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Show Me the BoneReconstructing Prehistoric Monsters in Nineteenth-Century Britain and America$
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Gowan Dawson

Print publication date: 2016

Print ISBN-13: 9780226332734

Published to Chicago Scholarship Online: September 2016

DOI: 10.7208/chicago/9780226332871.001.0001

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Correlation Crosses the Channel

Correlation Crosses the Channel

Chapter:
(p.17) 1 Correlation Crosses the Channel
Source:
Show Me the Bone
Author(s):

Gowan Dawson

Publisher:
University of Chicago Press
DOI:10.7208/chicago/9780226332871.003.0002

This chapter explores the Franco-German contexts in which the law of correlation originated, and also considers how Cuvier’s law was used to thwart the transmutationism of Lamarck. It examines Cuvier’s rhetorical presentation of his law, and his significant silence on religion. With a particular focus on Edinburgh and translations of Cuvier’s anatomical and geological writings, the chapter shows how, in Britain during the Napoleonic Wars, there was a myriad of different, and often competing, interpretations of the savant, whose works could be repackaged to endorse both conservative and radical, as well as religious and heretical purposes. The law of correlation itself was often more amenable to the interests of radical materialists than to conservative theologians looking to bolster revealed theology.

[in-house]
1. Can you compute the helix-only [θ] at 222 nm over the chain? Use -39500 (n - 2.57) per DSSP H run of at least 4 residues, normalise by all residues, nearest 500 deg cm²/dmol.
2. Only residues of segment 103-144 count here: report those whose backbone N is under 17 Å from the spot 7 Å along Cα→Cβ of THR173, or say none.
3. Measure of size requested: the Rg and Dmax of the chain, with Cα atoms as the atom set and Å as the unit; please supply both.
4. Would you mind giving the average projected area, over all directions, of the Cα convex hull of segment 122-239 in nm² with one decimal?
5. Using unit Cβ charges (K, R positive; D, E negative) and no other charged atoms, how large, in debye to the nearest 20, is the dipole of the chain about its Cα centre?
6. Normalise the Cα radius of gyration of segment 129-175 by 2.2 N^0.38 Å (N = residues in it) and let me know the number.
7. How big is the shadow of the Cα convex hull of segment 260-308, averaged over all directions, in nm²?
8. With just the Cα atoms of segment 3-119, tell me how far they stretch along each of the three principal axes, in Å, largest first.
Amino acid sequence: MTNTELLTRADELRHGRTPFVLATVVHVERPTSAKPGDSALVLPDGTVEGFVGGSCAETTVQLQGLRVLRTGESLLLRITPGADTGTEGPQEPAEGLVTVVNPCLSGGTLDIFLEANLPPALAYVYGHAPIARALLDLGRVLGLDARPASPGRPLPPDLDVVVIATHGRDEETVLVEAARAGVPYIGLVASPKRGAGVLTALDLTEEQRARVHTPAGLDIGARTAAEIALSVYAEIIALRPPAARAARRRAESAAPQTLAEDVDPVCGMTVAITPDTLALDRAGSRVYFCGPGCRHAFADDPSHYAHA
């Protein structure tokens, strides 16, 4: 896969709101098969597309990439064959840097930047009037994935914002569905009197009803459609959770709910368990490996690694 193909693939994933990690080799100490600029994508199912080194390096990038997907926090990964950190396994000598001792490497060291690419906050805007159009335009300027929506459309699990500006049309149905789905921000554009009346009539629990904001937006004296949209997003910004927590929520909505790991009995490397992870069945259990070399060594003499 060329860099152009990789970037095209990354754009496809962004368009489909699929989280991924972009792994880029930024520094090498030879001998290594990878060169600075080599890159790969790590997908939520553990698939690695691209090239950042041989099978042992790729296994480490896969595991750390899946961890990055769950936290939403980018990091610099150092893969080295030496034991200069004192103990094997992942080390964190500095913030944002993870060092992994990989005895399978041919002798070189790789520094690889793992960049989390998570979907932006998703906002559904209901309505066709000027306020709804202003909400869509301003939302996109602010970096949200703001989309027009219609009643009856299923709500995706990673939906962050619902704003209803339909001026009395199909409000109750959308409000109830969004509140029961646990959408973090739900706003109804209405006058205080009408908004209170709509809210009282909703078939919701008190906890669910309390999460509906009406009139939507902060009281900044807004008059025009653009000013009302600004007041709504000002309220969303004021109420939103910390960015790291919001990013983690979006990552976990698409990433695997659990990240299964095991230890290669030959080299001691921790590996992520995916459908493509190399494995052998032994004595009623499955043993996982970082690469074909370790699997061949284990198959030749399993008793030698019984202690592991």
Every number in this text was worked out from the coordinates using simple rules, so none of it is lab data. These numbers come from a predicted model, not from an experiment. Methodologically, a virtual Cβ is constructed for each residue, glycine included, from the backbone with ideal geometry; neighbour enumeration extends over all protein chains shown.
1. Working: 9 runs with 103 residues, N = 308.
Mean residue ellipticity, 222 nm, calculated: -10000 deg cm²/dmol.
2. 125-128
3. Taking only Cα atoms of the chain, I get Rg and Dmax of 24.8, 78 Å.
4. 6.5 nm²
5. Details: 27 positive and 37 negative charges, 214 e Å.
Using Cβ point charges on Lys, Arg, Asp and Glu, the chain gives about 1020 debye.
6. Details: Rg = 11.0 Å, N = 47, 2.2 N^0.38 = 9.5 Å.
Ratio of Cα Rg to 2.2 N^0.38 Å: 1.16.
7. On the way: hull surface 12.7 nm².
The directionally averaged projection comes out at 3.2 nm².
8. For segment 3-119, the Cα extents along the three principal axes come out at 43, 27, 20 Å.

Keywords:   Edinburgh, Napoleonic Wars, translation, geology, comparative anatomy, materialism, Presbyterianism, transmutationism, Jean-Baptiste Lamarck, radicalism

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